Saturday, August 17, 2013

Excerpt from Tangled Web by Julie Eberhart Painter



  
Note from Julie:
 
Jack, Catherine's boss at the silk mill, is recently widowed. He invites Catherine to come to his house and help him pack up his wife Mary’s clothes for charity.

Excerpt:
 
   When she stood up to leave, she noticed that the servants were nowhere in sight. “Where did everybody go?”
            “I gave them the afternoon off.”
            “Is that proper...?” she asked in a shaking voice. Catherine moved to get her coat, but Jack caught her hand.  “Would you mind staying? I need help sorting through Mary’s clothes. I don’t know what to give to whom. I can’t seem to do it alone. If you help me, we can fill some boxes I’ve marked for Catholic Charities and the WPA program.
            “If you need me...”
            Jack cleared his throat. “If you find something you like, you can take it home—”
            “I’d feel like I was stealing from Mary,” Catherine said.
            “Not at all. Mary liked you; she’d want you to have her things. And it’s important to get the stuff out of here and get on with it. Anything you want; take it, unless it’s been photographed in the newspapers. That might start up the gossips.”
            “I don’t usually see the newspapers, Jack; how would I know what’s been in the papers?”
            “Then we’ll go through them together.” He took her hand and led her up to the bedroom he’d shared with his wife.
            A hush fell over them as they pushed through the door. The lush Oriental rug deadened the sound as it had the night she first saw Mary lying in the double bed. The thick lined draperies were pushed back, allowing the waning afternoon light to radiate into the room. The bed, its spread matching the curtains, was made up tight. The closets stood open, the rose sachet fragrance gone. Jack had placed packing boxes around the room in anticipation of her agreeing to this chore. Did he know she’d be willing? Catherine approached the largest closet remembering the night of the party when Mary had offered her the red dress.
            “She told me she had small feet.”
            “Yes.  No point in saving the shoes for you.”  He laughed, pointing to the shoe rack below. “Let’s put them into these two boxes first.”
            They worked for almost an hour. Catherine took the dresses off the hangers and folded them in tissue paper prepared for the boxes. Jack sealed and marked each box as it filled. Eventually, she came to a cloth bag that held Mary’s heavy fur coat. She unsnapped the top and peered in.  Pulling it free, she ran her hand over the luxurious dark sienna and black fur. “A genuine mink. This is gorgeous. You shouldn’t give this to charity unless you plan to auction it for a monetary donation.”
            “It’s sable, Catherine. Would you like to have it? It matches your hair.”
            “I couldn’t!  It’s not proper.  Anyway, it would make my other clothes look out of place.”
            “Um.” He stood back, his eyes roaming over her, appraising her figure. “I think it’s perfect for you. Try it on.”
            Catherine blushed, but slipped the silk brocade-lined fur over her arms and shoulders. She stood, self-conscious as it tickled her knees. It was a perfect fit and enveloped her like cream in a warm bath.
            “Mary said it took someone with more color in her face to wear it. She was right.” He licked his lips. “She usually wore the squirrel cape. You must keep that coat.”
             Catherine shook her head and began removing it. Jack raced across the room and grabbed her elbows. “Leave it.” He was panting, perhaps from the sprint. She smoothed the sleeves, tears beginning in her eyes. “It’s beautiful,” she breathed, “but I can’t take Mary’s lovely coat.”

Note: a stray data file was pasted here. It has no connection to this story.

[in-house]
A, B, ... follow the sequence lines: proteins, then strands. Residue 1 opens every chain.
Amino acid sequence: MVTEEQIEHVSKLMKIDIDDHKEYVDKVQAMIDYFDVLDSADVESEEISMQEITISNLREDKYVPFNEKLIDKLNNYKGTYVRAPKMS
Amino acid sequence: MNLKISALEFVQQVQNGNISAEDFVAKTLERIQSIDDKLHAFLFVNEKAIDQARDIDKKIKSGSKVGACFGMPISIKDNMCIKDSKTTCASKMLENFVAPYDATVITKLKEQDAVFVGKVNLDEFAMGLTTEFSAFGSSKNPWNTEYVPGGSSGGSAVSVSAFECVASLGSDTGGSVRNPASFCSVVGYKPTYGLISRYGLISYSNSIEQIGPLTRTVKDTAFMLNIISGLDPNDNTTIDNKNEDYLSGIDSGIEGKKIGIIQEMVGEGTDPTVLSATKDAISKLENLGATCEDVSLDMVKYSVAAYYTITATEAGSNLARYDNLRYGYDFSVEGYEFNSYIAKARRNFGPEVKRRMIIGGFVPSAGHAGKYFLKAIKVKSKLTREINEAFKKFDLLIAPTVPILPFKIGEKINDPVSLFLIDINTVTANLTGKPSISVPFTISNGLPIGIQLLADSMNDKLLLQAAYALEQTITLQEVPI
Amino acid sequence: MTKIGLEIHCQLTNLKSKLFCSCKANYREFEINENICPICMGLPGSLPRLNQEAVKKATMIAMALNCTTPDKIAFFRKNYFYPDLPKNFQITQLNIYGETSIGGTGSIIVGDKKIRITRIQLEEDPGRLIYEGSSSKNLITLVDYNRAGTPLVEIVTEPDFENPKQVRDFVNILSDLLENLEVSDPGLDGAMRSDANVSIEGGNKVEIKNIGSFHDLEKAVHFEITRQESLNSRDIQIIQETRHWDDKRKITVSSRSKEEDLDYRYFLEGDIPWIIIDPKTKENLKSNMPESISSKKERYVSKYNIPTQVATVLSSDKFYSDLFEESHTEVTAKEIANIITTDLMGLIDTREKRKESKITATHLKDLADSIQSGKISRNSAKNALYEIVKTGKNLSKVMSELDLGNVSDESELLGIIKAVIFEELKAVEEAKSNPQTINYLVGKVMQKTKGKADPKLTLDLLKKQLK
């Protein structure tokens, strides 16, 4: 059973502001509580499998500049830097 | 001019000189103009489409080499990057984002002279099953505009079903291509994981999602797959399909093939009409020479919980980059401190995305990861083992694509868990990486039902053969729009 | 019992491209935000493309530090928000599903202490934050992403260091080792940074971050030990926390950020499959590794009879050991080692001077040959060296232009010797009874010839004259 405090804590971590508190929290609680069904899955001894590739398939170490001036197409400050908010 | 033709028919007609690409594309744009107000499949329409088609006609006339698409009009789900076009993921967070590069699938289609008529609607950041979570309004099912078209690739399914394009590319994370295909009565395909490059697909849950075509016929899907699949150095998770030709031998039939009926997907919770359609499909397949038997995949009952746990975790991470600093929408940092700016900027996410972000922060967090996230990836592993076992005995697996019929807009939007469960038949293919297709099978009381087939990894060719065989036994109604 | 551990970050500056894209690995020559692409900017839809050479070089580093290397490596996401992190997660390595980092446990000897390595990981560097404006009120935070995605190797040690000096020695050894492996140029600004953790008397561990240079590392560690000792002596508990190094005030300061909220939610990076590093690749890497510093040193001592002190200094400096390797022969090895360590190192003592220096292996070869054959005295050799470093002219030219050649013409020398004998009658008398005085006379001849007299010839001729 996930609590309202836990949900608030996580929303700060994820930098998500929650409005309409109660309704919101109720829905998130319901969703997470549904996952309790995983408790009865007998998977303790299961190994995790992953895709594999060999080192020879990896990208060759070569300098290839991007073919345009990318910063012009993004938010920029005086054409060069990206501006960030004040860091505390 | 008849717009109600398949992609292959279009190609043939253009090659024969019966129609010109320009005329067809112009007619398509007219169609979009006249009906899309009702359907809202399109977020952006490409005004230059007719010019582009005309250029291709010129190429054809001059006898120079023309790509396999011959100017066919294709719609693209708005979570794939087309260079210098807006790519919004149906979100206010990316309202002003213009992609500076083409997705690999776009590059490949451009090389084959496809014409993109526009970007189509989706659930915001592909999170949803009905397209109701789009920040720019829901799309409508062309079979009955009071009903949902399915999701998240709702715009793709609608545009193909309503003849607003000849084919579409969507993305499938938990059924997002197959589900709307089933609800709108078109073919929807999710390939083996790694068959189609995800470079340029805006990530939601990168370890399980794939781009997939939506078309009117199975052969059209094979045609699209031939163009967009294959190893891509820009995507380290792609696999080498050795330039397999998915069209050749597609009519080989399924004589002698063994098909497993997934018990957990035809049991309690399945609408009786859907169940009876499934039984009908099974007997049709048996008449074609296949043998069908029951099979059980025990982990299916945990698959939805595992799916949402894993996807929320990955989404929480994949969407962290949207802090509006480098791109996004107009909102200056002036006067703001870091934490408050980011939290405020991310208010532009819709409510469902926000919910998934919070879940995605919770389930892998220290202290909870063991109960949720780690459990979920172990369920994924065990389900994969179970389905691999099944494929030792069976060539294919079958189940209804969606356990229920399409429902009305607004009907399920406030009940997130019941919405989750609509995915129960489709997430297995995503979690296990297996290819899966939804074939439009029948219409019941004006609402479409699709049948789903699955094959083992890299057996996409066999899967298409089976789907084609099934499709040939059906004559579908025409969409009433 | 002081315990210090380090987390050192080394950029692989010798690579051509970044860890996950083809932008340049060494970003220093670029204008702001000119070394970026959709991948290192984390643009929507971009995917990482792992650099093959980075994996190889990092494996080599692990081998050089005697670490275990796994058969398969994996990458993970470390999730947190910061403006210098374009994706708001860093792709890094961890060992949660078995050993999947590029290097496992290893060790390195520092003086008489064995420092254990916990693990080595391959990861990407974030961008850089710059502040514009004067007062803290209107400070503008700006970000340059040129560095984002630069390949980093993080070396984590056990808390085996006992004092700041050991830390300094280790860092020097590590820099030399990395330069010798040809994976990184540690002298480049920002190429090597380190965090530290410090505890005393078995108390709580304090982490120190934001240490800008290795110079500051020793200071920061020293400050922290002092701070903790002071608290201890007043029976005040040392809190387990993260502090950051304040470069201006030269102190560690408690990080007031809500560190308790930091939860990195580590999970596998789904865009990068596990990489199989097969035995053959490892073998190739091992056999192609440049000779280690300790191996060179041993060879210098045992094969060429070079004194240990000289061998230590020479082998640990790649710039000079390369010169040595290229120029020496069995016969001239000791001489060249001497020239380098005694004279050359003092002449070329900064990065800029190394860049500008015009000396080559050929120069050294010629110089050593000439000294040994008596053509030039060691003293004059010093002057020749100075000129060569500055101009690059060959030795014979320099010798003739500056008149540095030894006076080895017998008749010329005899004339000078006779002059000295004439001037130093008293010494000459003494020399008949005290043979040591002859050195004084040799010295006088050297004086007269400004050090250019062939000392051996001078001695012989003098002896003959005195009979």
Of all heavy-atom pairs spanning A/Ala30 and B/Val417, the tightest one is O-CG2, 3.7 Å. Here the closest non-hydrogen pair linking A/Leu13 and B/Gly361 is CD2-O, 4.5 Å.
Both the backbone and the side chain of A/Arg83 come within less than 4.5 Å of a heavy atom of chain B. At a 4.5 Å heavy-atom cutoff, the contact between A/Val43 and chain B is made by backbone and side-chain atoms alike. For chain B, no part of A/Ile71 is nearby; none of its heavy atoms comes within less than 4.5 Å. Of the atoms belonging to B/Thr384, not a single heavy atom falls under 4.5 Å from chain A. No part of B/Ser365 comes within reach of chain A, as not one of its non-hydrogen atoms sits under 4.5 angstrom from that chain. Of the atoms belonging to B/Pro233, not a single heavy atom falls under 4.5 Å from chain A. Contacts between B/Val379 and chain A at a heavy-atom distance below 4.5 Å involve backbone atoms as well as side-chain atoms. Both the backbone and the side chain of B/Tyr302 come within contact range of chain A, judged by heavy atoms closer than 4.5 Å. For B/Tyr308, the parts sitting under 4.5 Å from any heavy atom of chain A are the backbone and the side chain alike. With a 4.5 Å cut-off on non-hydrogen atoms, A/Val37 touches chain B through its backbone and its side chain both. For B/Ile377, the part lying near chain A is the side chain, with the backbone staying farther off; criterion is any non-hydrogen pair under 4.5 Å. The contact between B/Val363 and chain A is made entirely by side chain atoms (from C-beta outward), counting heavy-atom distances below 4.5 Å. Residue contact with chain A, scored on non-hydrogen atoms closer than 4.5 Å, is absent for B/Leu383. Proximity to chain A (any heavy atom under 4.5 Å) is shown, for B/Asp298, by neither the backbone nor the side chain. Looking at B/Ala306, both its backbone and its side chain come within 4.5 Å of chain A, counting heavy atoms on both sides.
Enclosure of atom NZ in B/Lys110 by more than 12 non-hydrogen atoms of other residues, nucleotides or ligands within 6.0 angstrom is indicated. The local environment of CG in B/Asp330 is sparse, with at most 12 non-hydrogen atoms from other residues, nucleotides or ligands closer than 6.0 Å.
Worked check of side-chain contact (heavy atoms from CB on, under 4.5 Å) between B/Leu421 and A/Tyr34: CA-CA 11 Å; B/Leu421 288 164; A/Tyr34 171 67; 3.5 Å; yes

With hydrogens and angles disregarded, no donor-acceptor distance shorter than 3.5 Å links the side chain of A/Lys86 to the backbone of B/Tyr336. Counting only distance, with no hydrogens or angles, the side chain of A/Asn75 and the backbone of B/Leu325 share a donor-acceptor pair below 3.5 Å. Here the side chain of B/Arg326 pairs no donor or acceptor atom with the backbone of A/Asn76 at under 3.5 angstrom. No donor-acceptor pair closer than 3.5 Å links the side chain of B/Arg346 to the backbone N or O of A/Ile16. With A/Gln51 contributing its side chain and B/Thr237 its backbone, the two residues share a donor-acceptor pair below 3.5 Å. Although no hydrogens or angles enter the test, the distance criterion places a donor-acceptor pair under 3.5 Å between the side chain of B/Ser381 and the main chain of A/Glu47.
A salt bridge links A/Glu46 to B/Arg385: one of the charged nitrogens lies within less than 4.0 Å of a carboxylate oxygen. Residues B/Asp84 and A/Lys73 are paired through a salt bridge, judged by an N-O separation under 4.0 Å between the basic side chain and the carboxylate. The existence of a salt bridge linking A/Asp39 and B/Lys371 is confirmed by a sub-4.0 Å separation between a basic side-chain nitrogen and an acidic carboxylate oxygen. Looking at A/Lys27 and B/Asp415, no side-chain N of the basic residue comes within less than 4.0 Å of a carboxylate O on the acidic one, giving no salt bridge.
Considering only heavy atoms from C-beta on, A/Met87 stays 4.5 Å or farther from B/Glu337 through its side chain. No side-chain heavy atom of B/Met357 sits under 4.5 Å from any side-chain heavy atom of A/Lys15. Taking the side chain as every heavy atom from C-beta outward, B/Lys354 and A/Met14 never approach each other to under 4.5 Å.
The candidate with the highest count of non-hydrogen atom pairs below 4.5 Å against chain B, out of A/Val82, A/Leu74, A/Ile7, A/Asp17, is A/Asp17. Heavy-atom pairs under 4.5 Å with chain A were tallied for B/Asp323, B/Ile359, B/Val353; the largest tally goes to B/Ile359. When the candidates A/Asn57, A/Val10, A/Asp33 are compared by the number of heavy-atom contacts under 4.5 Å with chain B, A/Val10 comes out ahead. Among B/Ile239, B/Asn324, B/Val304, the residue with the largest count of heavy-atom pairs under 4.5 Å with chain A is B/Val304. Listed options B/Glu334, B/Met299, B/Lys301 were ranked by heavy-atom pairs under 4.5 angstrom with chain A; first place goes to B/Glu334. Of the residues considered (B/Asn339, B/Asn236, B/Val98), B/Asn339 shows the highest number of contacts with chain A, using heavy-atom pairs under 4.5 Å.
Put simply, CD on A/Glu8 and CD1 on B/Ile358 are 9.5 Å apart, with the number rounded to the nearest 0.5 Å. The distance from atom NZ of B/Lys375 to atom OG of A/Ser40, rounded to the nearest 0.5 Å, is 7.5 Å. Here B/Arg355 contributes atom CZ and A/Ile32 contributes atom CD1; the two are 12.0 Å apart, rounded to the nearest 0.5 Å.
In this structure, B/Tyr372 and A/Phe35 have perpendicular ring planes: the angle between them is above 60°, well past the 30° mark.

He looked down at her. “You deserve it.” He touched her lips with the tips of his fingers, then encircled her waist and pulled her close to him. “You’re a delicious morsel in this coat,” he said hoarsely. “You would be beautiful, in it or out of it.” He slid his moist lips down her neck and kissed his way back up to her lips. Then he took her breasts in his hands, kneading them, making them swell. Her nipples were marbles. She gasped and sagged in his arms. He caught her, lifting her onto the bed.  His hands traced the line of her legs; his fingers worked at her garters. Her back arched. 
            “This is wrong, Jack. I’m your employee and you’re out of your mind with grief.”
            “I’m out of my mind with . . . with you,” he growled. He lay down close to her and buried his face in the crook of her neck, trembling. “I know it’s wrong.” 
            She felt his tears soaking through the collar of her blouse.
            “I can’t stop,” he said. “I want you.”
            She rolled away from him, and slipped off the bed, but he caught her hand, kissing her palm. “Forgive me. It’s just that I’m so dammed lonely.”
            She nodded and sat on the edge of the bed, her feet to the floor. She smoothed her blouse and pulled her skirt over her knees. “That’s no excuse,” she said primly.
 
 
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Bio: Julie Eberhart Painter, a Pennsylvania transplant now living in Central Florida, is the author of ten books when Morning After Midnight arrives on the scene in January 2014.  
Julie is a regular contributor to http://thewritersvineyard.com/ and featured writer for http://www.wix.com/cocktailsmagazine/fictionandgossip, an online slick. She writes essay/blogs for www.writerbeat.com Her flash fiction appears under http://bewilderingstories.com/bios/painter_bio.htm
   
 

 

2 comments:

  1. The cutting didn't hurt anything and leave thereaders thinkin, will she or won't she.

    Thank you so much for the exposure -- so to speak.

    ReplyDelete
  2. Or if he will make her? Thanks for being my guest this week.
    ~LA

    ReplyDelete

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